Caroline Kerfoot

Caroline Kerfoot


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Arbetar vid Institutionen för svenska och flerspråkighet
Besöksadress Universitetsvägen 10 D
Rum D 438
Postadress Institutionen för svenska och flerspråkighet 106 91 Stockholm

Om mig

Mitt nuvarande projekt handlar om tillgång till kunskap i flerspråkiga skolor. Med fokus på språk, ras och identitet tar denna forskning upp frågor som rör epistemisk rättvisa, närmare bestämt lika möjligheter att ta del av kunskap och att agera som kunskapsbärare. Forskningen behandlar också uppkomsten av sociala ordningar i skolor som präglas av mångfald och mobilitet, och undersöker barns och ungdomars kommunikationssätt vid olika möten i klassrum och på skolgården. Projektet bidrar till aktuella debatter som rör flerspråkiga pedagogiska metoder och utbildningens roll i postkoloniala samhällen. 

Aktuella forskningsprojekt​

Riksbankens Jubileumsfond (RJ) funded sabbatical: Postracial potentials: Language, identity, and epistemic access in multilingual schools. 2018-2019.

NOS (The Joint Committee for Nordic research councils in the Humanities and Social Sciences) Contact zones in the Nordic countries: multilingualism, mobility, and diversifying diversity, together with University of Jyvaskyla, Finland, and University of Copenhagen, Denmark. 2017-2019.

Editorial Boards

Multilingual Margins

Reading and Writing: Journal of the Reading Association of South Africa.

Bloomsbury Academic series Multilingualisms and Diversities in Education (series editors Kathleen Heugh, Christopher Stroud and Piet Van Avermaet)

Multilingualism and Language Contact book series, Language Science Press 

Associate Member, The MOSAIC Centre for Research on Multilingualism, University of Birmingham


I urval från Stockholms universitets publikationsdatabas
  • 2018. Caroline Kerfoot. The Multilingual Citizen, 263-288

    In South Africa, democratic consolidation involves not only building a new state but also new interfaces between state and society. In order to strengthen the agency of citizens at these interfaces, recent approaches to development stress the notion of ‘participatory citizenship’ which recasts citizenship as practised rather than given. The purpose of this paper is to explore the links between such practices of participatory citizenship and possibilities for literacy and language education in state adult learning centres. It draws on an impact study of a capacity building programme for educators of adults in the Northern Cape Province and uses interviews and document analysis to explore the ways in which meaning-making unfolded in new participatory spaces. It argues that such processes can be seen as  a form of ‘linguistic citizenship’ in which individuals and groups re-shaped the multilingual representational resources available to them to validate the authority of subaltern actors and mobilise collective agency. It uses the concept of resemiotisation (Iedema 1999) to investigate how the choice of different semiotic complexes enabled or constrained participation and to offer a set of principles for reconceptualising the provision of adult basic education.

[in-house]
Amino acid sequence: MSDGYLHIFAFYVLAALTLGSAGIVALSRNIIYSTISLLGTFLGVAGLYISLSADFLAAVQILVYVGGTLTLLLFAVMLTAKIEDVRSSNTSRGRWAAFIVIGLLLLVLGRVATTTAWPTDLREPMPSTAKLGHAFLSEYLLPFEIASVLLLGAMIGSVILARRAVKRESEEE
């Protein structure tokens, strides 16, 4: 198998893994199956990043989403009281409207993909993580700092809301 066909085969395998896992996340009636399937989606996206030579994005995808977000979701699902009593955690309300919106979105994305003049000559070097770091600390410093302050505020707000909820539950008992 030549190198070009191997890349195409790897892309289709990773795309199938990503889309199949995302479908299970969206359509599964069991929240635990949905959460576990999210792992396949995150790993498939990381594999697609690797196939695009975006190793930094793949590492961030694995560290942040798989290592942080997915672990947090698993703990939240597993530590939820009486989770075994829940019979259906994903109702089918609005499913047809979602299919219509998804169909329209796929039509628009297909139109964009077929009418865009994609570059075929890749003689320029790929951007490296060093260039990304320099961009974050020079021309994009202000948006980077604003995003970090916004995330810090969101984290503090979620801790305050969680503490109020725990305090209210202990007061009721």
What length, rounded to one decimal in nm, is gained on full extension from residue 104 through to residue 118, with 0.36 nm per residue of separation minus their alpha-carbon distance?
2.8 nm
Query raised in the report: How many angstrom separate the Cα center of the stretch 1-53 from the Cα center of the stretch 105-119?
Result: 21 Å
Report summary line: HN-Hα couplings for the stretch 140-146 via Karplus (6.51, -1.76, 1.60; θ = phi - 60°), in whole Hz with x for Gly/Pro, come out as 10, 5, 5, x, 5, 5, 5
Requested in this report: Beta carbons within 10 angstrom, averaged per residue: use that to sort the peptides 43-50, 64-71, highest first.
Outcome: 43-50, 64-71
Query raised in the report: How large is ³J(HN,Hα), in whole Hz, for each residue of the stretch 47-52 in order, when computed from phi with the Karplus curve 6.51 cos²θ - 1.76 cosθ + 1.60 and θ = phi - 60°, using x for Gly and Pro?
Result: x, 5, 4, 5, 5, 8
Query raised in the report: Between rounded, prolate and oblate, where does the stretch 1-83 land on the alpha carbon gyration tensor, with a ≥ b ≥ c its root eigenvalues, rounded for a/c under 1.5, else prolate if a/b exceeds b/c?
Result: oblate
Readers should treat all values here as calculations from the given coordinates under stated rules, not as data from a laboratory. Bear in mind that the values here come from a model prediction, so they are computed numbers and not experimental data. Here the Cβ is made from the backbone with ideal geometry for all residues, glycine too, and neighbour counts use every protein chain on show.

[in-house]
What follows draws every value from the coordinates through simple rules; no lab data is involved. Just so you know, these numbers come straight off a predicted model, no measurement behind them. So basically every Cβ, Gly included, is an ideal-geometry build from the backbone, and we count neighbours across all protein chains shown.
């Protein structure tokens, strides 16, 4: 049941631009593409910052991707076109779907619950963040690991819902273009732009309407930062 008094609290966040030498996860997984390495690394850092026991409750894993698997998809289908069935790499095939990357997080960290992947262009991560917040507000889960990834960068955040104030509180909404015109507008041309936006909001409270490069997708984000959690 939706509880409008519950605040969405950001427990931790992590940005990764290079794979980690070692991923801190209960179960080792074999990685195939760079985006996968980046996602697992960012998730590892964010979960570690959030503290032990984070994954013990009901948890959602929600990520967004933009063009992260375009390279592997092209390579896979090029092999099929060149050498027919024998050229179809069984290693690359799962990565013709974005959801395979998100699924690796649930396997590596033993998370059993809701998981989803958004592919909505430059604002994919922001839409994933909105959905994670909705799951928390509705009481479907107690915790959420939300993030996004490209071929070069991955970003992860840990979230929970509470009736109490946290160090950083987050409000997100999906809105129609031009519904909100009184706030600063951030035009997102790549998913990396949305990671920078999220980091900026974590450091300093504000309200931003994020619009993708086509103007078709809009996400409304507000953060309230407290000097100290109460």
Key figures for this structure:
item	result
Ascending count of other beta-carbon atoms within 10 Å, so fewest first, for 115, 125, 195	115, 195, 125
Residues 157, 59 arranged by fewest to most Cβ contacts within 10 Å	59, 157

• 2017. Caroline Kerfoot, Gwendoline Tatah. Entangled Discourses, 37-58
  • 2017. Caroline Kerfoot, Kenneth Hyltenstam.

    This book uniquely explores the shifting structures of power and unexpected points of intersection – entanglements – at the nexus of North and South as a lens through which to examine the impact of global and local circuits of people, practices and ideas on linguistic, cultural and knowledge systems. The volume considers the entanglement of North and South on multiple levels in the contemporary and continuing effects of capitalism, colonialism, and imperialism, in the form of silenced or marginalized populations, such as refugees, immigrants, and other minoritised groups, and in the different orders of visibility that make some types of practices and knowledge more legitimate and therefore more visible. It uses a range of methodological and analytical frames to shed light on less visible histories, practices, identities, repertoires, and literacies, and offer new understandings for research and for language, health care, education, and other policies and practices.

  • 2016. Caroline Kerfoot, Basirat Bello-Nonjengele. Applied Linguistics 37 (4), 451-473

    This article engages with Bourdieu’s notion of field as a ‘space of play’ to explore what happens to the educational field and the linguistic regimes operating within it in a site in which new discourses and practices of identity, language, ‘race’, and ethnicity become entangled with local economies of meaning. The context is a primary school in a low-income neighbourhood in Cape Town, South Africa. We draw on multilingual classroom and playground data from observations, interviews, and audio-recorded peer interactions among Grade 6 learners to illuminate the strategic mobilization of linguistic repertoires in encounters across difference: as identity-building resources and as means of shaping new interaction orders, restructuring hierarchies of value, subverting indexicalities, and sometimes resignifying racial categories. We further draw attention to a set of circumstances in which local actors have the potential to change, not only the rules of the game, but the game itself.

Visa alla publikationer av Caroline Kerfoot vid Stockholms universitet

Senast uppdaterad: 20 december 2019

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